In 2009, for instance, the Conservancy hired ecologists to study bird populations and in 2010, it began working toward establishing a managed wildlife refuge on one of its preserves.

And earlier this year, the board approved a Stewardship Plan for Matty’s Mountain, a 175 acre parcel in Lake George bordered on three sides by the Berry Pond Preserve. » Continue Reading.


Monday, June 13, 2016

Edible Forest Garden Tour Planned For June 18th

A Forest Garden (courtesy Chickenshack, North Wales)Adirondack Harvest is co-sponsoring an educational workshop in Cross Island Farms’ Edible Forest Garden on Saturday, June 18 from 1 pm to 4 pm.

Over the past three seasons Dani Baker, co-owner of Cross Island Farms, has developed just under an acre of her certified organic farm as a multi-functional edible forest garden encompassing numerous permaculture principles and practices. Attendees will join her as she describes the process of planning and planting over 300 cultivars of edible fruits, nuts, berries, and other edibles, both native and uncommon; learn about factors considered in deciding where and with what to plant the seven permaculture layers she has incorporated; and identify a large variety of supportive plants integrated into the landscape. Attendees will have an opportunity to sample edible fruits, flowers, greens and herbs in season and go home with a potted plant to begin or add to their own garden. » Continue Reading.


Monday, May 16, 2016

Conservation Council President On Managing ‘Forever Wild’ Lands

Wilderness around Fulton Chain from Castle Rock above Blue Mountain Lake

At a recent meeting I attended with other sportsmen, outdoor advocates and various environmental professionals, the topic of balance among the concerns of our lands and forests, wildlife, and people was being discussed.

From the perspective of the New York State Conservation Council, there is nearly a complete loss of balance on state lands in the Adirondacks because of an overbearing philosophy within the forest preserve, the forever wild philosophy, and wilderness and wild forest classifications. Thus the carrying capacity for song birds, wild game and other species in the Adirondacks is severely lacking. » Continue Reading.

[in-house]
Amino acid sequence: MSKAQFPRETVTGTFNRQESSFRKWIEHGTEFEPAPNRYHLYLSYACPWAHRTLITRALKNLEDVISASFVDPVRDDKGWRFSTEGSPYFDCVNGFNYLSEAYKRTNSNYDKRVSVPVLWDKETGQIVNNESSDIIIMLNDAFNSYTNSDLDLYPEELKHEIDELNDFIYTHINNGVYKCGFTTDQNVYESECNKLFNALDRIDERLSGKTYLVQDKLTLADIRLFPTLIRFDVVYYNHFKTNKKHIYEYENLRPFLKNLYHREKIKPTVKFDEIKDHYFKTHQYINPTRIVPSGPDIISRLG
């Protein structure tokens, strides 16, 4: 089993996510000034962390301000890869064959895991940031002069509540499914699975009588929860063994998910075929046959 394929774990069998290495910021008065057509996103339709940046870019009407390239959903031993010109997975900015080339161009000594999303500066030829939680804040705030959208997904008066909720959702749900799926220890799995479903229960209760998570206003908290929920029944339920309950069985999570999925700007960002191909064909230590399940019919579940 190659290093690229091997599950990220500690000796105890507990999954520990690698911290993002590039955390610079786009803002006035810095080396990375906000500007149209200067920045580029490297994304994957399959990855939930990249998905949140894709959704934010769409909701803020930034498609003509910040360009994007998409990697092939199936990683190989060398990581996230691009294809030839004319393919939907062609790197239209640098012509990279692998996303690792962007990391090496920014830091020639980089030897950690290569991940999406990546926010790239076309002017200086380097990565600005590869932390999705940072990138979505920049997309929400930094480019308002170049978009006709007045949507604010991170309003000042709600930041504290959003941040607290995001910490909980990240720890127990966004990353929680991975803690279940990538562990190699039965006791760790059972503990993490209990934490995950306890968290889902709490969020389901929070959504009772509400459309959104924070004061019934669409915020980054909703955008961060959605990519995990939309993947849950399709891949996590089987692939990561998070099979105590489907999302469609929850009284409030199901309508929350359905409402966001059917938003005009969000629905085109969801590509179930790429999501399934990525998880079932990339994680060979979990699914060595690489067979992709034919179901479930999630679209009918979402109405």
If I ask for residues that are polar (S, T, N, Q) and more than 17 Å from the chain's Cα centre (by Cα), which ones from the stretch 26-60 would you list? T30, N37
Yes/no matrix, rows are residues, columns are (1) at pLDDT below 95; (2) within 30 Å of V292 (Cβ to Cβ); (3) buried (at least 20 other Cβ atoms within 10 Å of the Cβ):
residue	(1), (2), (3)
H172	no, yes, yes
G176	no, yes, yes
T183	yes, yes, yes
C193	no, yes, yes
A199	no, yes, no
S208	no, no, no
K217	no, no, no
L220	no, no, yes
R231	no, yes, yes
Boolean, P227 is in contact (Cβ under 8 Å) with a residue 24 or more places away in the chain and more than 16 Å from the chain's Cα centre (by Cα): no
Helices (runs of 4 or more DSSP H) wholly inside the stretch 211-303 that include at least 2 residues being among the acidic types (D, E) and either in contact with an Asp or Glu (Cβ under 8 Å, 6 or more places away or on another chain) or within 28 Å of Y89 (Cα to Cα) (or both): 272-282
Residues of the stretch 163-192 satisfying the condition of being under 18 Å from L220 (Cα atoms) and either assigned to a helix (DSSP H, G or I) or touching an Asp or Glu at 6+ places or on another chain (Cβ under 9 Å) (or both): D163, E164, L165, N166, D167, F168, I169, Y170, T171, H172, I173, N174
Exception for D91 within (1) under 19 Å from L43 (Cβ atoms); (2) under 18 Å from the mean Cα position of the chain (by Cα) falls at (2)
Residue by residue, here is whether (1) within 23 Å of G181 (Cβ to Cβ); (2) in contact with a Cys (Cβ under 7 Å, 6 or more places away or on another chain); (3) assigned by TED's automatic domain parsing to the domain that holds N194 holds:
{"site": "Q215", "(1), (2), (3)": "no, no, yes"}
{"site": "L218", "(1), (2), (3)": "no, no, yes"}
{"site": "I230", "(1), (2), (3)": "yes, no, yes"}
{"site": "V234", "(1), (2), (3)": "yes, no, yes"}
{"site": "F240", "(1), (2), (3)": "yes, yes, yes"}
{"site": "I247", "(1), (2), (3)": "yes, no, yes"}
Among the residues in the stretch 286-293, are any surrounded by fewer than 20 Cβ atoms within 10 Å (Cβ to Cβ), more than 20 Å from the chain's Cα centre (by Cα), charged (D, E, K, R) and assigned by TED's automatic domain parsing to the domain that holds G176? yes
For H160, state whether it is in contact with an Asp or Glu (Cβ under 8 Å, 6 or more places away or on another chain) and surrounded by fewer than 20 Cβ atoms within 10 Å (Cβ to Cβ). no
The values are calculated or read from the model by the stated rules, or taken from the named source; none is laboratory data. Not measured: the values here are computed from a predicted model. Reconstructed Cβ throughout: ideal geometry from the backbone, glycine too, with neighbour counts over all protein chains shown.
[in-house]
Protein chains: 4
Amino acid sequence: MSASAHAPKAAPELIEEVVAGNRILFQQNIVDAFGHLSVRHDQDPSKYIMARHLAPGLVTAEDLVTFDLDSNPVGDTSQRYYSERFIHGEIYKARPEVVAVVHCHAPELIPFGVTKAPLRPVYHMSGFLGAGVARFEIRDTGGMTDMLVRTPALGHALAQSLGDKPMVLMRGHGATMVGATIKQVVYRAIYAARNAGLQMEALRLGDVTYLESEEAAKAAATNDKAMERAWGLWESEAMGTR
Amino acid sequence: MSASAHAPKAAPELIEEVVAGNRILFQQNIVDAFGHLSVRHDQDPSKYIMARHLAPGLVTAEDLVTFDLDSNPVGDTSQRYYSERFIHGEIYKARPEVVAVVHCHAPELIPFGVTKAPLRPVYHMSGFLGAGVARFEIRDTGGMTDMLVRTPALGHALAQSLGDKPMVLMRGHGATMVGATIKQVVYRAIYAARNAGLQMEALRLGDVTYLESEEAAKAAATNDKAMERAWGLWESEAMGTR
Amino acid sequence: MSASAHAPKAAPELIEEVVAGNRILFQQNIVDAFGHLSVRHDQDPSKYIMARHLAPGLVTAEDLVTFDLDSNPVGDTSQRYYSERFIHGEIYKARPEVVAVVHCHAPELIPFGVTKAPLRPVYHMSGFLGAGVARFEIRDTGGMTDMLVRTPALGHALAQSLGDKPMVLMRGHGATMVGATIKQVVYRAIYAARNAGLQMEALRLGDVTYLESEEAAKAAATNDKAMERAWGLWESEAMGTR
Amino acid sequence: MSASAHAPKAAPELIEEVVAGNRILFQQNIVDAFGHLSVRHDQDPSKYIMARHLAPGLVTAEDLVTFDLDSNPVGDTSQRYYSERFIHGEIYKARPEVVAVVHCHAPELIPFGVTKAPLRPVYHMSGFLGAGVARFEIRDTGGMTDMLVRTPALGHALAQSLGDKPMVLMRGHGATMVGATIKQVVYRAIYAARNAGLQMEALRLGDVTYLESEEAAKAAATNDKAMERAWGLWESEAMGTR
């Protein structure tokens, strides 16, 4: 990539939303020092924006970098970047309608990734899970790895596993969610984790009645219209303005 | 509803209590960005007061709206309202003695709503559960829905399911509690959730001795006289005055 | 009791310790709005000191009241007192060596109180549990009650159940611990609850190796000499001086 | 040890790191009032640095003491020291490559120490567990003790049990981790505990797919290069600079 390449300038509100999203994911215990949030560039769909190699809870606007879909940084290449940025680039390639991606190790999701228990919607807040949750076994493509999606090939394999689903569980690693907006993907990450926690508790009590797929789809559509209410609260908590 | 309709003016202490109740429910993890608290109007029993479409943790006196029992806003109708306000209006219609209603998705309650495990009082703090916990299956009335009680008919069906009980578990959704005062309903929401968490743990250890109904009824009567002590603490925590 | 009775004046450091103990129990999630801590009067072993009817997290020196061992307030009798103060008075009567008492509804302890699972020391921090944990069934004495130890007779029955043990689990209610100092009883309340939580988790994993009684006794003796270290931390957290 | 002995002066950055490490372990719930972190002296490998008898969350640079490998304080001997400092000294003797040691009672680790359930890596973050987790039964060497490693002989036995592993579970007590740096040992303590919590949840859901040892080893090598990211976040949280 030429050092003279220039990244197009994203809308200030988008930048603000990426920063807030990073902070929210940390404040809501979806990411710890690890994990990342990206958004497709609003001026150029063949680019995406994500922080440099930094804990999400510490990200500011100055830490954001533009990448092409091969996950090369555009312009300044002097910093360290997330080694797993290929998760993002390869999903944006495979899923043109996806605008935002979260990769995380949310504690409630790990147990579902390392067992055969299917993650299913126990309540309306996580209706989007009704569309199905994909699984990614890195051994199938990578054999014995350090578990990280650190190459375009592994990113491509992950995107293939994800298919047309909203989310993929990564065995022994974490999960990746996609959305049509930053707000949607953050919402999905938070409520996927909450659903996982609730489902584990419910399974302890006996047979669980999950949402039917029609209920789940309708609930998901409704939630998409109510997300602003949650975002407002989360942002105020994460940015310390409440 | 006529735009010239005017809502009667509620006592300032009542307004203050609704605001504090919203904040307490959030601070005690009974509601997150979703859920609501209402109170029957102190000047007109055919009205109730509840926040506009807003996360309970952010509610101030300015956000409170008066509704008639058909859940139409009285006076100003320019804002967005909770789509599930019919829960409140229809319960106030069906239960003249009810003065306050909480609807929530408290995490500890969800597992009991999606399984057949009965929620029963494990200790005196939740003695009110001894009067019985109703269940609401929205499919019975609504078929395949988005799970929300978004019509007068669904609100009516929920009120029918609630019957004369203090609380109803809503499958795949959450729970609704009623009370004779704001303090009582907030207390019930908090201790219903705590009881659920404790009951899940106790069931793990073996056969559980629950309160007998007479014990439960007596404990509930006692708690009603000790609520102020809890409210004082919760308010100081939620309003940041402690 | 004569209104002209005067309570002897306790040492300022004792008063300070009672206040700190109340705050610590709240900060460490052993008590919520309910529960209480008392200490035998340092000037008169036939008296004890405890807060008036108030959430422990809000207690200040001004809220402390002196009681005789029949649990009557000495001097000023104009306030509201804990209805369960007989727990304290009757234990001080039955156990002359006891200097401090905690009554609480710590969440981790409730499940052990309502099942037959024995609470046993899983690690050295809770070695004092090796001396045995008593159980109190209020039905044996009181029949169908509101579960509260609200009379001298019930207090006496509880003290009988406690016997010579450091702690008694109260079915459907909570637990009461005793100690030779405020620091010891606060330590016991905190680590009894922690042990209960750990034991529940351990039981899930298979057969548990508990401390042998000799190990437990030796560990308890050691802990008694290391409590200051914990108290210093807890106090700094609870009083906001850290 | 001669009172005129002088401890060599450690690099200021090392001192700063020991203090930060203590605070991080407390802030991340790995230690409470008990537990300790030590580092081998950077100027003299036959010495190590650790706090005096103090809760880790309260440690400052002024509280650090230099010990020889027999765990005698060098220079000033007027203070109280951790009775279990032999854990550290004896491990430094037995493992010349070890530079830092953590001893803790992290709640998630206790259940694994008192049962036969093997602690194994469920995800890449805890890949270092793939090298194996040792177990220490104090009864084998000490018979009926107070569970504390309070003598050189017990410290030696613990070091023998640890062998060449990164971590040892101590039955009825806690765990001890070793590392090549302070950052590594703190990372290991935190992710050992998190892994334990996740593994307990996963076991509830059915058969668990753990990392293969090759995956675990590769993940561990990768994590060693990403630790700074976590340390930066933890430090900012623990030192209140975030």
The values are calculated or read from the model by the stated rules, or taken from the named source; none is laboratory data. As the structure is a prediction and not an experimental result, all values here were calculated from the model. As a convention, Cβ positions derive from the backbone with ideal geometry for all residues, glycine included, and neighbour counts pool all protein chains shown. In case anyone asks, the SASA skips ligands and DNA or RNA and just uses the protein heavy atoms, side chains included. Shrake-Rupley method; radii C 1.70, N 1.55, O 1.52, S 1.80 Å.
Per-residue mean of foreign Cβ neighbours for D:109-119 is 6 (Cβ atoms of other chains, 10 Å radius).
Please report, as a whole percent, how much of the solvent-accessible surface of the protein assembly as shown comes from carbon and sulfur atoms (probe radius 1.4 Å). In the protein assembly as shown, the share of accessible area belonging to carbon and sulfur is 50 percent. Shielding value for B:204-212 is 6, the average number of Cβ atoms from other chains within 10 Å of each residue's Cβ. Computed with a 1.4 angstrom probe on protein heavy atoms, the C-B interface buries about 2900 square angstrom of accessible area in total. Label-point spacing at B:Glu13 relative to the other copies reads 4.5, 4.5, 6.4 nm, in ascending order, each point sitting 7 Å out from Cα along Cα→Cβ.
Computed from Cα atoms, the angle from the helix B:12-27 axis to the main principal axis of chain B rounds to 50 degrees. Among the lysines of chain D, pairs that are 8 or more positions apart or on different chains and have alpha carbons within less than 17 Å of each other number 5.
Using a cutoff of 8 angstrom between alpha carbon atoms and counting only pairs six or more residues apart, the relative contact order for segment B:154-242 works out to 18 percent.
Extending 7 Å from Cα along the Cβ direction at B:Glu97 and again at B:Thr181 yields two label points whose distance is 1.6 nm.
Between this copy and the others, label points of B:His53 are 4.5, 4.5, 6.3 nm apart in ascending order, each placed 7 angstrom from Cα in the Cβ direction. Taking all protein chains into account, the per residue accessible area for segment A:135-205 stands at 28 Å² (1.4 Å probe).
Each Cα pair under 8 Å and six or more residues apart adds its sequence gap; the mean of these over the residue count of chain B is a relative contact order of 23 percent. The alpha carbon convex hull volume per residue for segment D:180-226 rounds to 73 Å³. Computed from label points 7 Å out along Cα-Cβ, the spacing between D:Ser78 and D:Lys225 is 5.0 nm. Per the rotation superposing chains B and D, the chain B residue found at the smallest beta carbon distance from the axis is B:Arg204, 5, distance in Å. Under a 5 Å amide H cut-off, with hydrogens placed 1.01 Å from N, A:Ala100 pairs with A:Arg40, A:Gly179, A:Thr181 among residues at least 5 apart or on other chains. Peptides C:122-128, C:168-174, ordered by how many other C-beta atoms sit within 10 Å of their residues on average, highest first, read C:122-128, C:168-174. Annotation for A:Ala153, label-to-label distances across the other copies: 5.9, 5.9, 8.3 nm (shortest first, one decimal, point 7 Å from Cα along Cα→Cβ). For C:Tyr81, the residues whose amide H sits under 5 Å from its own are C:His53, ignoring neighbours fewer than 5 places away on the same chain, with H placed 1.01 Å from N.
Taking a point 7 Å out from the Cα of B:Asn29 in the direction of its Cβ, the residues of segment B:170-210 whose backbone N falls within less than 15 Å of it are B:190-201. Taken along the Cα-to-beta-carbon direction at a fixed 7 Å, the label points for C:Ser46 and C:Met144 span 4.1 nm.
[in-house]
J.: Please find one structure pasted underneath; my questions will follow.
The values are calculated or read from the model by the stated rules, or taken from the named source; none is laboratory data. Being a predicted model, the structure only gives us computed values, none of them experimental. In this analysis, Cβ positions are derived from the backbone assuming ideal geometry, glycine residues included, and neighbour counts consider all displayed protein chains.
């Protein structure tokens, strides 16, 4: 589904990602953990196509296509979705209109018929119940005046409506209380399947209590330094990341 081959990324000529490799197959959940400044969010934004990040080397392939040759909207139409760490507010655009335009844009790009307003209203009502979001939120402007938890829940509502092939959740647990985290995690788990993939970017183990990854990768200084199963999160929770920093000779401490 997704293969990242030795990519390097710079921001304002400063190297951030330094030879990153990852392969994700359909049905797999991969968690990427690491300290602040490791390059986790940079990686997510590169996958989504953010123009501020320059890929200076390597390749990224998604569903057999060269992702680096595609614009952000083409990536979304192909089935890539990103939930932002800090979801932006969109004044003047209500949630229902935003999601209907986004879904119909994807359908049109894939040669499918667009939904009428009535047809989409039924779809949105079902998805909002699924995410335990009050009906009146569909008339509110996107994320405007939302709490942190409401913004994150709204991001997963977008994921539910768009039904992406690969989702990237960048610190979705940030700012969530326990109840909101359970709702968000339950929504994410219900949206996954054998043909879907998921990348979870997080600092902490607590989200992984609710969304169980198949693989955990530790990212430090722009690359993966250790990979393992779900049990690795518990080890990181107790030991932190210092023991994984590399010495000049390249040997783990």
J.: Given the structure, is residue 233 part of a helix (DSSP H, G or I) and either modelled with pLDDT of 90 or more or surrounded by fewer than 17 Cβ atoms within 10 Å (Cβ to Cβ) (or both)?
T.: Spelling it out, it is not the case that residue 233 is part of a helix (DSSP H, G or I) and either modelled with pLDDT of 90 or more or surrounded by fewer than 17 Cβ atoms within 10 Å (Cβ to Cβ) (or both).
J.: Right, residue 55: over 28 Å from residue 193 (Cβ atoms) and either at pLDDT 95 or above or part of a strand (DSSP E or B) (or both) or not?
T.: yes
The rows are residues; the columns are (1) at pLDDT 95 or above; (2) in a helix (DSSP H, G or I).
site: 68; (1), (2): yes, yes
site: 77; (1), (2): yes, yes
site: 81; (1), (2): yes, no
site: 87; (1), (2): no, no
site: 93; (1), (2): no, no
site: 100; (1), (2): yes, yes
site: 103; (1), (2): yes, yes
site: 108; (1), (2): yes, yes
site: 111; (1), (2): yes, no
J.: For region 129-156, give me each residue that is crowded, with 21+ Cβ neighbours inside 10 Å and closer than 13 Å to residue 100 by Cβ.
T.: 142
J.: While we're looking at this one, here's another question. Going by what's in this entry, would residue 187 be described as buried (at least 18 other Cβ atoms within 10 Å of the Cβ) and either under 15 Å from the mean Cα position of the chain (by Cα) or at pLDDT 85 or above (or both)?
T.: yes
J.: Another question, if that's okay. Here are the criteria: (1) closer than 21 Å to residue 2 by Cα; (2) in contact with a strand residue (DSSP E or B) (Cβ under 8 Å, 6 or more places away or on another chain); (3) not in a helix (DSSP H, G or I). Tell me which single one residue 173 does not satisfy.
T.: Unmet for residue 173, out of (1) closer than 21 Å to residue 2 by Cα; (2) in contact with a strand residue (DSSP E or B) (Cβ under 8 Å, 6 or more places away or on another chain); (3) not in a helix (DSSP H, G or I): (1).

Wednesday, May 4, 2016

Planting Trees Along The Hudson With YENN, Adirondack Wild, And Forest Rangers

DEC Forest Rangers working with YENN and Adirondack Wild“I never thought I’d be getting my hands dirty and planting trees in such a big forest,” said Jody last Saturday.

She had joined others from the Youth Ed-Venture and Nature Network, Adirondack Wild: Friends of the Forest Preserve, and NYS Department of Environmental Conservation for a day of hard work along the Hudson River.  YENN volunteers from tye Capital District met me at the Adirondack Mountain Club Headquarters off of Northway Exit 21 (thanks to Danielle for hosting us).  After a brief orientation to the Adirondack Park, we drove to Luzerne and then up River Road into the Town of Warrensburg. » Continue Reading.


Thursday, April 28, 2016

POW Labor Camps in the Adirondacks

PineCamp1942The word Adirondack calls to mind many things — natural beauty, family playground, sporting opportunities, colorful history — but nothing so dark as prisoner-of-war host.

Yet during the last world war (let’s hope it was the last), followers of Hitler and Mussolini populated the North Country. Volumes have been written about the suffering endured in POW camps, but for countries adhering to the Geneva Conventions, there was a clear set of rules to follow. Among them was that prisoners must receive adequate provisions and supplies (food, clothing, living quarters), and if put to work, they must be paid. » Continue Reading.


Wednesday, April 6, 2016

New Study Considers Combining Livestock And Forestry

A longhorn steer in a forest near Schroon Lake (photo by John Warren).A Paul Smith’s College professor and his student landed a new peer-reviewed journal article in the international scientific journal Agroforestry Systems.